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    Well for starters, that doesn't sound like much of a SFD district if you have apt complexes and row homes.

    But that aside, an occupied dwelling of any type is obviously going to better stimulate the property values of a neighbors property as opposed to the vacant lot.

    I think what you are trying to get at is will the SFD sell nextdoor to the apts?? That is kinda hard to tell without seeing how ghetto the apts are. The row homes would probably be a nice transition between the two, but....

  3. #3
    Cyburbian H's avatar
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    Mike D said, "I think what you are trying to get at is will the SFD sell next door to the apts??"

    Actually, no. I am trying to justify whether this will actually negatively impact the SF property value as the residents say or not, and why? I am looking for a way or formula to determine this.
    "Those who plan do better than those who do not plan, even though they rarely stick to their plan." - Winston Churchill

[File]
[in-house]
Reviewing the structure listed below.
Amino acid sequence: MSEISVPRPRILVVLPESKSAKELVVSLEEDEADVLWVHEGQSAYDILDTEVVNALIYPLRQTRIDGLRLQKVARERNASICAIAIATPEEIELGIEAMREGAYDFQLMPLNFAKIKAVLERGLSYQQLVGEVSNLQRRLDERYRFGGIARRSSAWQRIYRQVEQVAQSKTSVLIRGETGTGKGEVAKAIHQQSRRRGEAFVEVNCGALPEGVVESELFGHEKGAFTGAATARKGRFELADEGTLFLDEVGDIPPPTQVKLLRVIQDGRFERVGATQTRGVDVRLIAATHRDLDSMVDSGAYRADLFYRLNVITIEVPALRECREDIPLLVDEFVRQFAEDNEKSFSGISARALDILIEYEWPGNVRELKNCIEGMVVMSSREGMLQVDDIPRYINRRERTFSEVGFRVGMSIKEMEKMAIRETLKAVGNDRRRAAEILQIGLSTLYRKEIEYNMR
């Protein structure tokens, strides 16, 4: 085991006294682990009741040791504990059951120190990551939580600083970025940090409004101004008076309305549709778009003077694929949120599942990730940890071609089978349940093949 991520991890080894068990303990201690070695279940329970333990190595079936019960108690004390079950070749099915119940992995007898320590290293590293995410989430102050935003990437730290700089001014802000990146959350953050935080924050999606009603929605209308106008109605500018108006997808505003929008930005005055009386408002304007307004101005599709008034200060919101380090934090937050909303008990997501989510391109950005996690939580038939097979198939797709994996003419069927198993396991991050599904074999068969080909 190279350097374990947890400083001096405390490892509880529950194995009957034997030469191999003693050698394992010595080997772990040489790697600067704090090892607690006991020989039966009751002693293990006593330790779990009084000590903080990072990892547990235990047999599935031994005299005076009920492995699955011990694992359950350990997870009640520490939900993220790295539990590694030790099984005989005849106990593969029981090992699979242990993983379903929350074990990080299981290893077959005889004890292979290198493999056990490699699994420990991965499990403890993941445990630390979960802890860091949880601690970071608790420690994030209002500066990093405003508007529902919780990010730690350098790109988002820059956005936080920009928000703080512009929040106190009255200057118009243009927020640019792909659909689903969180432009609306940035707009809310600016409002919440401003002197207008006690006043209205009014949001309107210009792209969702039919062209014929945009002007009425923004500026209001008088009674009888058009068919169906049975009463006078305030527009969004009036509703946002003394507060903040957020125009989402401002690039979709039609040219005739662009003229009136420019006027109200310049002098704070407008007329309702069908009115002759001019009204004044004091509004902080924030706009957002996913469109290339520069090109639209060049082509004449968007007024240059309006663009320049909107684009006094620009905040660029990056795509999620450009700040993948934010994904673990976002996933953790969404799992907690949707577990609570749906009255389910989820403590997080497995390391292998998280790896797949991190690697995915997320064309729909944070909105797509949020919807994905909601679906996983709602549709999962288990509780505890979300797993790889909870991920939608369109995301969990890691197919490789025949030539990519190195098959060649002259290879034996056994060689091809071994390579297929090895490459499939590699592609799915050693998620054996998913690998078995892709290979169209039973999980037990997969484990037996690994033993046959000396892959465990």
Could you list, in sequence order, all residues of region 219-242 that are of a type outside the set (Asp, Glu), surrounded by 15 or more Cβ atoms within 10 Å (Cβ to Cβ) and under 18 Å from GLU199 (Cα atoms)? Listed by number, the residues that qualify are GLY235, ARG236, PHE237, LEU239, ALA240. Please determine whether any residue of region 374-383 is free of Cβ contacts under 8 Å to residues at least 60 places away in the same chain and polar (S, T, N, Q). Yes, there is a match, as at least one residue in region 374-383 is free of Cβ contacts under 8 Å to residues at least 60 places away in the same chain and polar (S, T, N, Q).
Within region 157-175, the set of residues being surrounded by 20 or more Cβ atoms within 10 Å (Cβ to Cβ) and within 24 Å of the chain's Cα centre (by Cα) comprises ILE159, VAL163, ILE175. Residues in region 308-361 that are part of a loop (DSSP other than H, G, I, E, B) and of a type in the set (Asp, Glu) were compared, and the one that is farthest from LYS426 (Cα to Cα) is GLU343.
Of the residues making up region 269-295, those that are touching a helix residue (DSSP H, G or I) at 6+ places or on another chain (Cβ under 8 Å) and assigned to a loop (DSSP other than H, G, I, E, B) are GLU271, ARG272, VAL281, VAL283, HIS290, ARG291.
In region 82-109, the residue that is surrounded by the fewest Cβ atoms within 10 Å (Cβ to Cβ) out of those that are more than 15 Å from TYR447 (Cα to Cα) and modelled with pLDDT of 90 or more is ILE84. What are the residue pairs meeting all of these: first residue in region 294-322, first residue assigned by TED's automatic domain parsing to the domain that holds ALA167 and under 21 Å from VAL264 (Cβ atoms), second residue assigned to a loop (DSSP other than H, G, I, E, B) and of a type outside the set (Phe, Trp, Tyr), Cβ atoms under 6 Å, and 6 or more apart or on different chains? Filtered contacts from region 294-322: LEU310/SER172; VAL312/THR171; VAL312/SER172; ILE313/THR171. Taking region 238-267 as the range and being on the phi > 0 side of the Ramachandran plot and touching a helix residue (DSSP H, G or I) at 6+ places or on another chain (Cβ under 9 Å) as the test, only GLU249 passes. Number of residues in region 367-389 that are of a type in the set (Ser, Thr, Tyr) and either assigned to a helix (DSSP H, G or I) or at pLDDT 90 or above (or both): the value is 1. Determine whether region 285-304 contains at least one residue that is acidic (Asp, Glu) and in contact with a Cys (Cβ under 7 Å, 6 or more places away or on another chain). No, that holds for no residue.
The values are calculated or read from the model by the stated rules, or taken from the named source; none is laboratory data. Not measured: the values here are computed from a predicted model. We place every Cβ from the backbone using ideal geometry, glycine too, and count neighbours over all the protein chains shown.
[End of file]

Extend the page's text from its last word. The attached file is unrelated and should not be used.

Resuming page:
4. #4

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    There is no certain way to determine what you are trying to. Too many factors are involved. It depends on how good/bad the apartments are, how good/bad the row housing would be, and how good/bad the existing SFD are. Without knowing more about it, I would say that a less dense transition made with row houses is probably the very best the owners of the existing SFD can hope for (unless they are willing to buy the lot), but whether the row house project will sell will depend not only how good/bad it is, but on how affordable it will be and the overall state of your local market for housing. You can spend a lot of money having appraisals done in a situation like this, but it is very hard to find directly comparable situations. Even if you do, the appraisal can be rendered more or less irrelevant by changes in any of the variables. At any rate zoning is not supposed to be about individual interests. It is supposed to implement the community's vision. So, the place to start is by asking what is the community vision for this neighborhood of mixed densities?